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Pretoria - Securocrats in the ANC appear to have lost ground in the long battle over the Protection of State Information Bill as the party’s MPs have proposed the scrapping of a clause in the bill prohibiting the disclosure of state security matters.
The National Council of Provinces ad hoc committee processing the bill met to discuss proposed amendments after closed meetings between the ANC and opposition parties.
Among the amendments proposed by the ANC was to delete the clause specifically prohibiting the disclosure of state security matters. This clause in the bill calls for far stiffer penalties, including imprisonment for up to 15 years, for the disclosure, receipt and possession of information relating to the Department of State Security, than those applying to the classified information of other departments.
Responding to concerns that the bill would trump the Promotion of Access to Information Act (Paia), the committee has also recommended that the section relating to Paia be amended to prevent this.
Paia gives effect to Section 32 of the constitution, which guarantees the right to access to information, and objections had been raised about the Protection of State Information Bill superseding this legislation.
However, concerns were raised that the proposed amendment tabled by the ANC required rewording to reflect this intention.
Another concession welcomed by opposition parties was the exclusion of municipalities from classifying documents and the insertion instead of a more general protection of “state information”, rather than of any “organ of state”.
Committee members agreed that they required further assistance from the state law advisers.
The recommendations tabled by the ANC were widely welcomed by opposition parties, who said the closed meetings had led to considerable progress, but that some of their proposals had not been included in Wednesday’s report - including the removal of all minimum sentences.
“The engagements were very constructive… but they are incomplete, so there is still some way to go,” said DA MP Alf Lees.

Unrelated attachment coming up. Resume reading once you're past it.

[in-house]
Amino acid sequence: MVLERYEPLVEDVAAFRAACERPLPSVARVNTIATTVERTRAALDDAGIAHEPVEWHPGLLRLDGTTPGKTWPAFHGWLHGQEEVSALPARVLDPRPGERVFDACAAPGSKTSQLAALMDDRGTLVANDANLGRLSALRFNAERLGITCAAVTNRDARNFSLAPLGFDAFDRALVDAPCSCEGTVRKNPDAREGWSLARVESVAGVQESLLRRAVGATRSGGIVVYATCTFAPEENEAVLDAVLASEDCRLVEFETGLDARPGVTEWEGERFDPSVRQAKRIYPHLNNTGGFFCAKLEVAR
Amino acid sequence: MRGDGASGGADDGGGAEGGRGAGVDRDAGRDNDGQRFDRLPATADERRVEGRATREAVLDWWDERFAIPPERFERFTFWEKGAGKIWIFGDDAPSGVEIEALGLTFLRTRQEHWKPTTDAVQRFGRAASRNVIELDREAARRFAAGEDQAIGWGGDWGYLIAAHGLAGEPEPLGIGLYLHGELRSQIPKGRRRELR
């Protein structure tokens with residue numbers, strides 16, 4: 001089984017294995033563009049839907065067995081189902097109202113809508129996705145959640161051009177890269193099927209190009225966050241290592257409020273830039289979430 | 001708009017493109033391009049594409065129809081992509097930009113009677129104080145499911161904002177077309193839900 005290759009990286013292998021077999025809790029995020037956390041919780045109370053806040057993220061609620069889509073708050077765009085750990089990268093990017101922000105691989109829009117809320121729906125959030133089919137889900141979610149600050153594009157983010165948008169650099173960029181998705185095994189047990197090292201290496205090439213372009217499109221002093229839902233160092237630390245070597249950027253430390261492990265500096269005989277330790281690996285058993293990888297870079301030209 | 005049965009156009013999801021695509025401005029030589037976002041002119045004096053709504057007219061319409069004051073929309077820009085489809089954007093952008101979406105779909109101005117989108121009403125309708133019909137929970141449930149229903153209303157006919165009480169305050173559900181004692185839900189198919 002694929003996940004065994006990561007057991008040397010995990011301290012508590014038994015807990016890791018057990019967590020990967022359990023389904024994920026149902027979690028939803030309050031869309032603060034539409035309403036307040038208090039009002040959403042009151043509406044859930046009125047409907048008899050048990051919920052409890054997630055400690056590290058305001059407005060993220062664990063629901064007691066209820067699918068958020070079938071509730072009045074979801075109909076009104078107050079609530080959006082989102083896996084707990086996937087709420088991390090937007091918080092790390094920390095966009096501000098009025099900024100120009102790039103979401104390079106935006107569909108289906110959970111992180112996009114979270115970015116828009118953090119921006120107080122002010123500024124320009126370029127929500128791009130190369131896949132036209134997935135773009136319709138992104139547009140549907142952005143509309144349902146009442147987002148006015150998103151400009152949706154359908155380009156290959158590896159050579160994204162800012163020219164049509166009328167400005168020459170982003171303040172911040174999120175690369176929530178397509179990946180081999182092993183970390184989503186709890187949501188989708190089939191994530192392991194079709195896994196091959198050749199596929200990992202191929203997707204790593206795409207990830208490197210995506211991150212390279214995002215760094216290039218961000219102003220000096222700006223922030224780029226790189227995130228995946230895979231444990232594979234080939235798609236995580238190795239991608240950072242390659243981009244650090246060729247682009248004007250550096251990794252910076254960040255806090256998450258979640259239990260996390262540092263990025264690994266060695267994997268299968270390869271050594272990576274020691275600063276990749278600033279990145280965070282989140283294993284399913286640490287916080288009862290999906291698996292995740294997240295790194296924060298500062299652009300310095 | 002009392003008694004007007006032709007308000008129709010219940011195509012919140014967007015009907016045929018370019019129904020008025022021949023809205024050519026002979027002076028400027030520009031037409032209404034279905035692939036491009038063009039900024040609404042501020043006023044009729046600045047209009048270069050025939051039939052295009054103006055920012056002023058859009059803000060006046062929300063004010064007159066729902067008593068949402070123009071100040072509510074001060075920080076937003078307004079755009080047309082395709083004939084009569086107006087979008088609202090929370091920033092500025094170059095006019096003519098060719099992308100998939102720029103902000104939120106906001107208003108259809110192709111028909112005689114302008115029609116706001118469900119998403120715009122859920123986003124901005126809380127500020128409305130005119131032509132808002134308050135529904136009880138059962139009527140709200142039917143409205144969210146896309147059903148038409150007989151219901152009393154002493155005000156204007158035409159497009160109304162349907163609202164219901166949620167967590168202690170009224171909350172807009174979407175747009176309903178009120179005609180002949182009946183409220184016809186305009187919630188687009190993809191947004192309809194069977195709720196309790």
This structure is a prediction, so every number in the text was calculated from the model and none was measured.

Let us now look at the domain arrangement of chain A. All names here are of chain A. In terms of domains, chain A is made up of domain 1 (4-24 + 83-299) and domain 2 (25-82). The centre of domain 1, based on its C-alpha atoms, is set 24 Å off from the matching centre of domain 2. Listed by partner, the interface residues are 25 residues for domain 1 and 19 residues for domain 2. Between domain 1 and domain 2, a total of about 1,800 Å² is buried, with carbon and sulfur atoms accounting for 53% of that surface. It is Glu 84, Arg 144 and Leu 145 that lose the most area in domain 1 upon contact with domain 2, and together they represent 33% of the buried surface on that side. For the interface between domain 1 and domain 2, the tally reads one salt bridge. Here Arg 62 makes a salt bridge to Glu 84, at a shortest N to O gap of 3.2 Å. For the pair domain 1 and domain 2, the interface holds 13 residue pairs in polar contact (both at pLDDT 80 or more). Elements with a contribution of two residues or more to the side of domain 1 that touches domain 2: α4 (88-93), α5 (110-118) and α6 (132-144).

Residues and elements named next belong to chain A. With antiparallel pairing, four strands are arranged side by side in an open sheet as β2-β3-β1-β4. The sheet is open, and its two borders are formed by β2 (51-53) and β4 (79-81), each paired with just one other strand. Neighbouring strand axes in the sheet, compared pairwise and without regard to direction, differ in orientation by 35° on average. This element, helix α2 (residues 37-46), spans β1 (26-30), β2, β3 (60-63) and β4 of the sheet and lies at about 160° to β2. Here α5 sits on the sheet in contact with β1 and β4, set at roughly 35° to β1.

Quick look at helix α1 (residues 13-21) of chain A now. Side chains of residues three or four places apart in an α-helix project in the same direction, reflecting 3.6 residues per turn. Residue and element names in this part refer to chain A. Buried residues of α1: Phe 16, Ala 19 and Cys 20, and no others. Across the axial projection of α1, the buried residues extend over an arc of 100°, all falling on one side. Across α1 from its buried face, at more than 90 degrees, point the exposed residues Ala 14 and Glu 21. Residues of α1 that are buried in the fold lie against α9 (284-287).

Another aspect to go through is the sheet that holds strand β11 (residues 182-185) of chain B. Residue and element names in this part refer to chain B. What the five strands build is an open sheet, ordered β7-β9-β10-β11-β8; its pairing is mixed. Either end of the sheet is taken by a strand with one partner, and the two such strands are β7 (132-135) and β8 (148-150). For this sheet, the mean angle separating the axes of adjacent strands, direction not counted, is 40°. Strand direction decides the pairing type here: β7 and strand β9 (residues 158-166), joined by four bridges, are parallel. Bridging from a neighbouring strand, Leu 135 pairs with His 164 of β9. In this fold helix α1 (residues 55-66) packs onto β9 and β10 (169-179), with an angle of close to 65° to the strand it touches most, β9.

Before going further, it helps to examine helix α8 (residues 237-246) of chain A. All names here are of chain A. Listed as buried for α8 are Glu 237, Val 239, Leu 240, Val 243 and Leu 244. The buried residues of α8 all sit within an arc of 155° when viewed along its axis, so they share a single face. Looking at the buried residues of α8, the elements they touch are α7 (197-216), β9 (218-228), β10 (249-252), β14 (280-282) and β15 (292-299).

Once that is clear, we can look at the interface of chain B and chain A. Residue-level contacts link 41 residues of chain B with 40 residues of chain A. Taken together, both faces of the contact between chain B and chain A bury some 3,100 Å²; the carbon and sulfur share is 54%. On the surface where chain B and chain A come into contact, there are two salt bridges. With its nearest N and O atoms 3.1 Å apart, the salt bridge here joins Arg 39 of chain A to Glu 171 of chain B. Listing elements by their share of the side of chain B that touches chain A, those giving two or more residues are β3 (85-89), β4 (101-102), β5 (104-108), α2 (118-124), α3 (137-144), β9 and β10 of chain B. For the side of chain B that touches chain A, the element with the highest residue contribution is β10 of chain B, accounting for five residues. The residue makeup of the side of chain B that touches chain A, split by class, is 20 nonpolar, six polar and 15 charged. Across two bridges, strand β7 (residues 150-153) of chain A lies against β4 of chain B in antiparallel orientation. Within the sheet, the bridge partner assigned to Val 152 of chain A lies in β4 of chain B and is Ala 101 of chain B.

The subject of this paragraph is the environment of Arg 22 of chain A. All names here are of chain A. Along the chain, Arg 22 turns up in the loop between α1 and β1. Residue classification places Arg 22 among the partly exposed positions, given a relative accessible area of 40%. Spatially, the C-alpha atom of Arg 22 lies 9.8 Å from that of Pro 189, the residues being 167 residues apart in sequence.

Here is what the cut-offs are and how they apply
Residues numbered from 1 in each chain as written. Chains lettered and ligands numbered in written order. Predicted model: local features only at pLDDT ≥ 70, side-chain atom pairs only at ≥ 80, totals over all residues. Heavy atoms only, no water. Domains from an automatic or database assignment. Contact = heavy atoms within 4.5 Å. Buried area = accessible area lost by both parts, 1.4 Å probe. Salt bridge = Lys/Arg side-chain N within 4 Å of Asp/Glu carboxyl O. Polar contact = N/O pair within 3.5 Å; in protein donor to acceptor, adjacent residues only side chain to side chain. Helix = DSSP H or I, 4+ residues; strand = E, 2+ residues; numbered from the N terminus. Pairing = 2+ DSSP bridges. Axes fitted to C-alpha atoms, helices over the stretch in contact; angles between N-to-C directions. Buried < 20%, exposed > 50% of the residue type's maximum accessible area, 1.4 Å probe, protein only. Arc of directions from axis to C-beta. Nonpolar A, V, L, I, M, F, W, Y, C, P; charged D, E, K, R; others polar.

He said he would be “happy”, however, to continue with closed discussions to achieve a bill that passed constitutional muster.
Freedom Front Plus MP Anton Alberts said the “progress” being made to bring the bill in line with the constitution was “encouraging”.
“Although these moves by the ANC, as a result of public pressure, are positive, we should not lose sight that the most important issue has not been addressed, and that is the creation of a public interest defence,” he said.
“Without such a defence - according to which persons could deal with classified information should it be in the interest of the public, where corruption and other maladministration are proved by the information - the bill is not acceptable to the FF Plus.”
The Right2Know campaign, a loose coalition of more than 400 civil society groups opposed to the bill, said there had been “some shift” - but not much - since the May 10 meeting in which ANC MPs made significant concessions, such as protection from prosecution for citizens revealing classified information that exposed “criminal activity”.
Right2Know national co-ordinator Murray Hunter said the removal of the clause relating to state security was significant as it meant that the least the Department of State Security would have to “play by the same rules” as other departments.
Hunter said clumsy wording of the section relating to Paia was an “unintentional fudge”, as ANC MPs had said their intention had been for the rewording to prevent Paia being trumped by the so-called Secrecy Bill. “The (State Security) Department… had the specific intention of overruling Paia,” he said.
He remained sceptical about the involvement of the state law adviser - despite acknowledging the need for technical expertise. He said Enver Daniels had in 2010 promised the public there was “nothing to fear” in the bill and that it would pass constitutional muster - as it stood then - before the significant amendments that had since been made.
“A great deal more still needs to be done to address abuse of power and protection of whistleblowers, but the ball game’s still on.”